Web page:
By Margaret Jackson | Sep 11, 2022
Baby bibs, bags, and accessories
When Liberman launched Bumkins, her goal was to create a reusable cloth diaper that was environmentally friendly.
The mother of four designed an all-in-one product with a waterproof outer shell attached to the cloth and Velcro closures to secure the diaper onto a baby. She also searched for fabrics that were durable and could be made to look more like apparel by printing fun designs on them.
Though Liberman started out using home sewers, rapidly growing popularity necessitated the creation of a manufacturing facility in Arizona.
"It was such a little niche," Liberman says. "We got to about $1 million in revenue in diapers, but it's a volatile industry. As the economy got tough, moms didn't have the luxury of staying home with kids."
Liberman began designing other garments, and Bumkins debuted its bibs in 1991, followed by blankets, dishes, and cutlery. The company phased out the diaper line in 2017 because of low margins and heavy customer education costs.
After a divorce in the mid-1990s, Liberman decided to switch to contract manufacturers to make her products. She found an Arizona factory that made bicycle bags -- a seasonal product -- and was looking for other projects to supplement its production.
"I was trying to simplify my life and not live at the factory," she says. "It was a painful blending of the product lines and took a couple of years."
Bumkins really took off when a grandmother visited a Walmart and tested its baby bibs with a lead detector, resulting in those products being pulled from the retailer’s shelves. This opened the door for Bumkins, which Liberman says "over tested" its products to make sure everything was safe.
"A lot of our competitors were taking their products off the market, and we were given the opportunity to supply the bibs to bigger retailers," Liberman says.
Then the Great Recession hit, and Babies R Us told Bumkins that the company needed to cut their prices by half, or they would knock off the products and have them made by someone else. That’s when Liberman began to explore manufacturing overseas.
"Demand for the product changed so drastically," she says. "Some products people are willing to pay a premium for, but with some of the lower-cost baby items, it's hard to justify making it in the U.S."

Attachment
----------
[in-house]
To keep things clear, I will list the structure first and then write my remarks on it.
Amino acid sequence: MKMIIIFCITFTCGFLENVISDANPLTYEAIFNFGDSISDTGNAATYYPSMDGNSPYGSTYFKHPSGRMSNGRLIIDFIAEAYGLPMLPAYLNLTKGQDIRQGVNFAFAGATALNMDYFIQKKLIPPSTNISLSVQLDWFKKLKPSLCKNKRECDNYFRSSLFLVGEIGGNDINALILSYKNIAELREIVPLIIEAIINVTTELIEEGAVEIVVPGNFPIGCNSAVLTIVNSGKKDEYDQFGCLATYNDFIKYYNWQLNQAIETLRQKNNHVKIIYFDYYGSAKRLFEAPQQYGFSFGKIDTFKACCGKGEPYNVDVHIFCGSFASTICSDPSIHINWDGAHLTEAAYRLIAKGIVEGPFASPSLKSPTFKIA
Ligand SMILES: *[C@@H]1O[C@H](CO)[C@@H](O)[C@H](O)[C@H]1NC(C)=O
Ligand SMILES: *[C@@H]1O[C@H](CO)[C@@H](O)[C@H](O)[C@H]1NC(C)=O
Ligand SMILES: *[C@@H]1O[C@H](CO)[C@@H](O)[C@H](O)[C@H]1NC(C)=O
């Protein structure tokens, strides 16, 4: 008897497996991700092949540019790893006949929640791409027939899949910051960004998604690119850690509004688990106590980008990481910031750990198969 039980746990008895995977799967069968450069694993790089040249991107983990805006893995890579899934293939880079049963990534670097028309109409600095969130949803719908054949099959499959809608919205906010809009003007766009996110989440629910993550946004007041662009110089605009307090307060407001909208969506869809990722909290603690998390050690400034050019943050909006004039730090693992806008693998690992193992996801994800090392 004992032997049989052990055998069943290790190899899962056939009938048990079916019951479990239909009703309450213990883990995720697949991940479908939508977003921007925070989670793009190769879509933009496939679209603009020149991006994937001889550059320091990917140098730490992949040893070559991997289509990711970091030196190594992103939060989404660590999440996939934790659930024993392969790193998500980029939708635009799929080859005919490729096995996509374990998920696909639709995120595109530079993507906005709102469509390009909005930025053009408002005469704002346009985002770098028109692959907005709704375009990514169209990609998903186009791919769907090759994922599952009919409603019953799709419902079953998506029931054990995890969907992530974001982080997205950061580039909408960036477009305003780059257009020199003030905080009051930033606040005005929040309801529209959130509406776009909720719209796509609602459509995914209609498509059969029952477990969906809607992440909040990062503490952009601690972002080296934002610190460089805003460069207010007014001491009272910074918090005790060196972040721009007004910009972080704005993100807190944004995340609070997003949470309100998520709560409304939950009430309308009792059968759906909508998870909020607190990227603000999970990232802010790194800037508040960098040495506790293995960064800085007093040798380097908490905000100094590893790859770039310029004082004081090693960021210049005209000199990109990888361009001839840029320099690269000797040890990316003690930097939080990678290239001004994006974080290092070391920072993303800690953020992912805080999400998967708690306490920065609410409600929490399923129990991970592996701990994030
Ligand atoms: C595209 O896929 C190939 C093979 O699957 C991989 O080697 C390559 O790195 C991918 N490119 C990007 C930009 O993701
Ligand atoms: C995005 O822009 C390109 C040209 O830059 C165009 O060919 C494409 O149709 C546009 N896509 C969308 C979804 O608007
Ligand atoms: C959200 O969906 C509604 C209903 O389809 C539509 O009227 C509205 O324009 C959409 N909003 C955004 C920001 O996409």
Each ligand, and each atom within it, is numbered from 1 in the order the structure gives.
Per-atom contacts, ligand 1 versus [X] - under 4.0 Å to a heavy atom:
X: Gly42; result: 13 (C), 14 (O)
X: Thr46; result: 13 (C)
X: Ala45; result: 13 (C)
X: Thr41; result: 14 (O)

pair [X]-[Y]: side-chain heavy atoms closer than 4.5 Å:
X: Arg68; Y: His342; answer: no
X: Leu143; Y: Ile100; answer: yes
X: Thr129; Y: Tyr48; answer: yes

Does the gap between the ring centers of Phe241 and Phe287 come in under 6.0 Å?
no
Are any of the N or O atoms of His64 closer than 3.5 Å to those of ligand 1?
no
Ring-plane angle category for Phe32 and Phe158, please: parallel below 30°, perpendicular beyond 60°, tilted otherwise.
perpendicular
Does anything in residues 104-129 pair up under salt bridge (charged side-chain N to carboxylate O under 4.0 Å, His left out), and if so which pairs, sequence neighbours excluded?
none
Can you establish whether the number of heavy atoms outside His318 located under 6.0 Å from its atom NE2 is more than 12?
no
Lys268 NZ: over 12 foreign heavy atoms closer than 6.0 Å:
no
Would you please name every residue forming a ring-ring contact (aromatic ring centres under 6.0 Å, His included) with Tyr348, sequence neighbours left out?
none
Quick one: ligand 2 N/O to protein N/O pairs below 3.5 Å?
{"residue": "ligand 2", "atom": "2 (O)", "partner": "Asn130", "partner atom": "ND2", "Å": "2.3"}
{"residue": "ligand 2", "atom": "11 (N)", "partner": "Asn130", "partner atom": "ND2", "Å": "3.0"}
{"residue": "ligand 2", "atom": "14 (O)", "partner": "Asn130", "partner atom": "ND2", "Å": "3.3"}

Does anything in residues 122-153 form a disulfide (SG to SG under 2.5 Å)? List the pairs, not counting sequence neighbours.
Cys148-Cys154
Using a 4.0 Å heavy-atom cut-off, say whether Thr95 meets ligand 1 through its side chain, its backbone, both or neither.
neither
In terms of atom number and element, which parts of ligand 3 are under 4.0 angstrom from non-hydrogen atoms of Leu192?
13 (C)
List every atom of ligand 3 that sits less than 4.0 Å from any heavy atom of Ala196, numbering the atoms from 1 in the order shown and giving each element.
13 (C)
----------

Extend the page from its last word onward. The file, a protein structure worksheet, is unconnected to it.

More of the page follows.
Challenges: The dwindling number of retailers carrying baby products makes it more difficult for Bumkins to reach consumers.
"Retailers are struggling, birthrates are down, so not all retailers are putting full baby programs in," Liberman says. "Target used to have a big baby department, and now it's small and they have their own brand. Amazon has stolen a lot of business."
Another issue is that the Chinese manufacturing partners Bumkins uses are knocking off her designs.
"The knockoff situation is absolutely bizarre," Liberman says. "You have about three weeks before someone is copying what you do no matter how much you try to protect it. It gets very challenging."
Opportunities: Bumkins' products appeal to consumers who are conscious of where their goods come from.
"As a consumer, I look more carefully at who I'm supporting when I buy a particular brand," Liberman says. "Millennials and Gen Z are more thoughtful about who they're supporting. I'm trying to appeal to that customer who cares."
Needs: Establishing a strong customer base of 10 to 20 accounts with large retailers would help Bumkins boost its sales. Regulating e-commerce retailers also could help smaller shops prosper -- which would help Bumkins better reach its target audience.
"The malls are all national chain stores," Liberman says. "You see the same thing in every city and the same thing at every retailer. There are now about a dozen specialty stores compared to [the] 6,000 [there were] years ago."